Computing Feasible Points of Bilevel Problems with a Penalty Alternating Direction Method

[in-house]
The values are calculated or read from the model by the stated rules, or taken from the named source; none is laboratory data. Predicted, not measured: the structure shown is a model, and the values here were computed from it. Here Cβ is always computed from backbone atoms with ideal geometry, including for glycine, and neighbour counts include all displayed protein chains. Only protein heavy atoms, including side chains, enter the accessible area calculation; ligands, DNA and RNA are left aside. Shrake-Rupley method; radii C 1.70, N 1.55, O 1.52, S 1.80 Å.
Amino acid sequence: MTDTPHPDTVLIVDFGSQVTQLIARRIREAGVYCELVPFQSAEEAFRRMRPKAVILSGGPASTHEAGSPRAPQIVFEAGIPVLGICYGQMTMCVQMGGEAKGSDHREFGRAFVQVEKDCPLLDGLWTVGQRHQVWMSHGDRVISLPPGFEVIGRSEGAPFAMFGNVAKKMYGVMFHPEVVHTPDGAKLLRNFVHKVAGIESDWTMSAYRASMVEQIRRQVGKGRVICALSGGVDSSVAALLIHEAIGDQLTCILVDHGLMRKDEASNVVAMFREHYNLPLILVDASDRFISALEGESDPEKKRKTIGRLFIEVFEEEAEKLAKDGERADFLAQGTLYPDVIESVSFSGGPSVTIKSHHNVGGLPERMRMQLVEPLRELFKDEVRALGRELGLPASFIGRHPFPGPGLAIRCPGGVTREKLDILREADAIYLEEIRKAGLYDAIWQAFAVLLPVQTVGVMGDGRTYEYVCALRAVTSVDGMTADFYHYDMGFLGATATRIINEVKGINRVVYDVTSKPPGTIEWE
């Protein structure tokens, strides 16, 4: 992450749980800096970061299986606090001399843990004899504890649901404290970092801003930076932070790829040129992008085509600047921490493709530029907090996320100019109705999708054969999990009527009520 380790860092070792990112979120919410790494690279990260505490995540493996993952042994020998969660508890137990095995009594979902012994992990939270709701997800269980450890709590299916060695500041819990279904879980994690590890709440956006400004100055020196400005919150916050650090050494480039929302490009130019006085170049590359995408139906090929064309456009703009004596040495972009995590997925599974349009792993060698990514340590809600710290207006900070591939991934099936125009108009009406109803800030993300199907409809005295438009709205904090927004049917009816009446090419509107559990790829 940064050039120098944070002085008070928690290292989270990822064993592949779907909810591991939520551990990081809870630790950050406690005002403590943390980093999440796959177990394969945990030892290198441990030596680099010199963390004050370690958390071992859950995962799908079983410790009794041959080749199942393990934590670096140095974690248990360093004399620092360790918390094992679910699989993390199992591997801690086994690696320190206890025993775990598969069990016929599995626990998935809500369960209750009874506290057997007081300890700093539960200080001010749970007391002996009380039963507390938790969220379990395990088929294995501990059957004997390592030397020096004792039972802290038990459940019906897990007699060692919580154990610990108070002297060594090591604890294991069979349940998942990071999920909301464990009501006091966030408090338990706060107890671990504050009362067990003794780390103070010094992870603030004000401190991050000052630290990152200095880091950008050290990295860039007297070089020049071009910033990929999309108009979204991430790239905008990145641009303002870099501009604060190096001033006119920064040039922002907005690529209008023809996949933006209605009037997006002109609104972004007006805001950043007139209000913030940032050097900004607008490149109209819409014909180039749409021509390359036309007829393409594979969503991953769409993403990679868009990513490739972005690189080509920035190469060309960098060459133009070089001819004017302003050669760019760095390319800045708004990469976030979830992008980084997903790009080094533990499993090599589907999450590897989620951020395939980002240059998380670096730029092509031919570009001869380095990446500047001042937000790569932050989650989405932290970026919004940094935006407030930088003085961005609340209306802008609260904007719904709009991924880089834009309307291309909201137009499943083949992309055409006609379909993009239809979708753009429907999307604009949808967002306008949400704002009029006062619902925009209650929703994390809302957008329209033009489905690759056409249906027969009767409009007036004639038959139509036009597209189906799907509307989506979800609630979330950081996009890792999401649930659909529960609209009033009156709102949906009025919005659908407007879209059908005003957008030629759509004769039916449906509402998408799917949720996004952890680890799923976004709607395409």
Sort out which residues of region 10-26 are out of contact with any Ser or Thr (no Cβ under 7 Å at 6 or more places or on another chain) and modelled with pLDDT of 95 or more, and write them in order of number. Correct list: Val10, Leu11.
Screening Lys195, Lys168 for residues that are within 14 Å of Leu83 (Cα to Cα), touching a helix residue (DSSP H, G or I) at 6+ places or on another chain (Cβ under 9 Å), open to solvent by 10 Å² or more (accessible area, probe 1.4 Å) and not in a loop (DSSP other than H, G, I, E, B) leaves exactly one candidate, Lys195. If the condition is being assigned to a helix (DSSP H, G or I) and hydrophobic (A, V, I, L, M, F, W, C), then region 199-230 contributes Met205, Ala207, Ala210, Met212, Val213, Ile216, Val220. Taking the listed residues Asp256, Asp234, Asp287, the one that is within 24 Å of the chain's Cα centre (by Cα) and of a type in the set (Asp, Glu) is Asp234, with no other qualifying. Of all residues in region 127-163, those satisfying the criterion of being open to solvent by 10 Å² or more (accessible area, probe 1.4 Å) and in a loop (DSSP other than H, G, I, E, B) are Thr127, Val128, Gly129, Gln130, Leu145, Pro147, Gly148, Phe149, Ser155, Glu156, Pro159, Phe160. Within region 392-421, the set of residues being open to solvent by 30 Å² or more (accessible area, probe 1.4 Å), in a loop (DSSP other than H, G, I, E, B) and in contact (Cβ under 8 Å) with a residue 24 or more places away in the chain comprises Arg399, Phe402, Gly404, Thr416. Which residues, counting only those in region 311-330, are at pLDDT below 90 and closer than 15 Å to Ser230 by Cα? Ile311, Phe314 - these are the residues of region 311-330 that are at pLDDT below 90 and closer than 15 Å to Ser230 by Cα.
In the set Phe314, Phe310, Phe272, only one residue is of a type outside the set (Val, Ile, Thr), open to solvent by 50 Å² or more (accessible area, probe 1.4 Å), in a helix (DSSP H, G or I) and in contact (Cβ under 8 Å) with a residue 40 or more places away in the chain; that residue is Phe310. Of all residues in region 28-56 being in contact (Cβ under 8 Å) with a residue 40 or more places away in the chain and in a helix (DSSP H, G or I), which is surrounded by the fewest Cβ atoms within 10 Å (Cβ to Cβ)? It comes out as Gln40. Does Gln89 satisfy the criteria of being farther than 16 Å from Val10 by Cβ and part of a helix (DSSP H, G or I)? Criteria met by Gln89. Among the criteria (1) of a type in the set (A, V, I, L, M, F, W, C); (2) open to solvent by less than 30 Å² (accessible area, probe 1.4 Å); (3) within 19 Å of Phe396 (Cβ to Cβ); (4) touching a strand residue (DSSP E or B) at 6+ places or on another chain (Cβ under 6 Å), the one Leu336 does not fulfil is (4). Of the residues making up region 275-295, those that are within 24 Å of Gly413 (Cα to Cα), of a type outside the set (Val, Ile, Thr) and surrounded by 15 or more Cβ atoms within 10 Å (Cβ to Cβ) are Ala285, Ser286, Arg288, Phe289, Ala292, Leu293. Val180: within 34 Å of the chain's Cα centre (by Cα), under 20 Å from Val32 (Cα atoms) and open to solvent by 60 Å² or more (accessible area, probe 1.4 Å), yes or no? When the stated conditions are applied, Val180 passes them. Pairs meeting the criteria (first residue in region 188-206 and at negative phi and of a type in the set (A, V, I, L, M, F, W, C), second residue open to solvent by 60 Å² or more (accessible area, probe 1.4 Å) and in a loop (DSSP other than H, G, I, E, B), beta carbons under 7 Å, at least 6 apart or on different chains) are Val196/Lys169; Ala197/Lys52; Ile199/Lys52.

Bilevel problems are highly challenging optimization problems that appear in many applications of energy market design, critical infrastructure defense, transportation, pricing, and so on. Often these bilevel models are equipped with integer decisions, which makes the problems even harder to solve. Typically, in such a setting in mathematical optimization, one develops primal heuristics in order to obtain feasible points of good quality quickly or to enhance the search process of exact global methods. However, there are comparably few heuristics for bilevel problems. In this paper, we develop such a primal heuristic for bilevel problems with a mixed-integer linear or quadratic upper level and a linear or quadratic lower level. The heuristic is based on a penalty alternating direction method, which allows for a theoretical analysis. We derive a convergence theory stating that the method converges to a stationary point of an equivalent single-level reformulation of the bilevel problem and extensively test the method on a test set of more than 2,800 instances—which is one of the largest computational test sets ever used in bilevel programming. The study illustrates the very good performance of the proposed method in terms of both running times and solution quality. This renders the method a suitable subroutine in global bilevel solvers as well as a reasonable standalone approach.Summary of Contribution: Bilevel optimization problems form a very important class of optimization problems in the field of operations research, which is mainly due to their capability of modeling hierarchical decision processes. However, real-world bilevel problems are usually very hard to solve—especially in the case in which additional mixed-integer aspects are included in the modeling. Hence, the development of fast and reliable primal heuristics for this class of problems is very important. This paper presents such a method.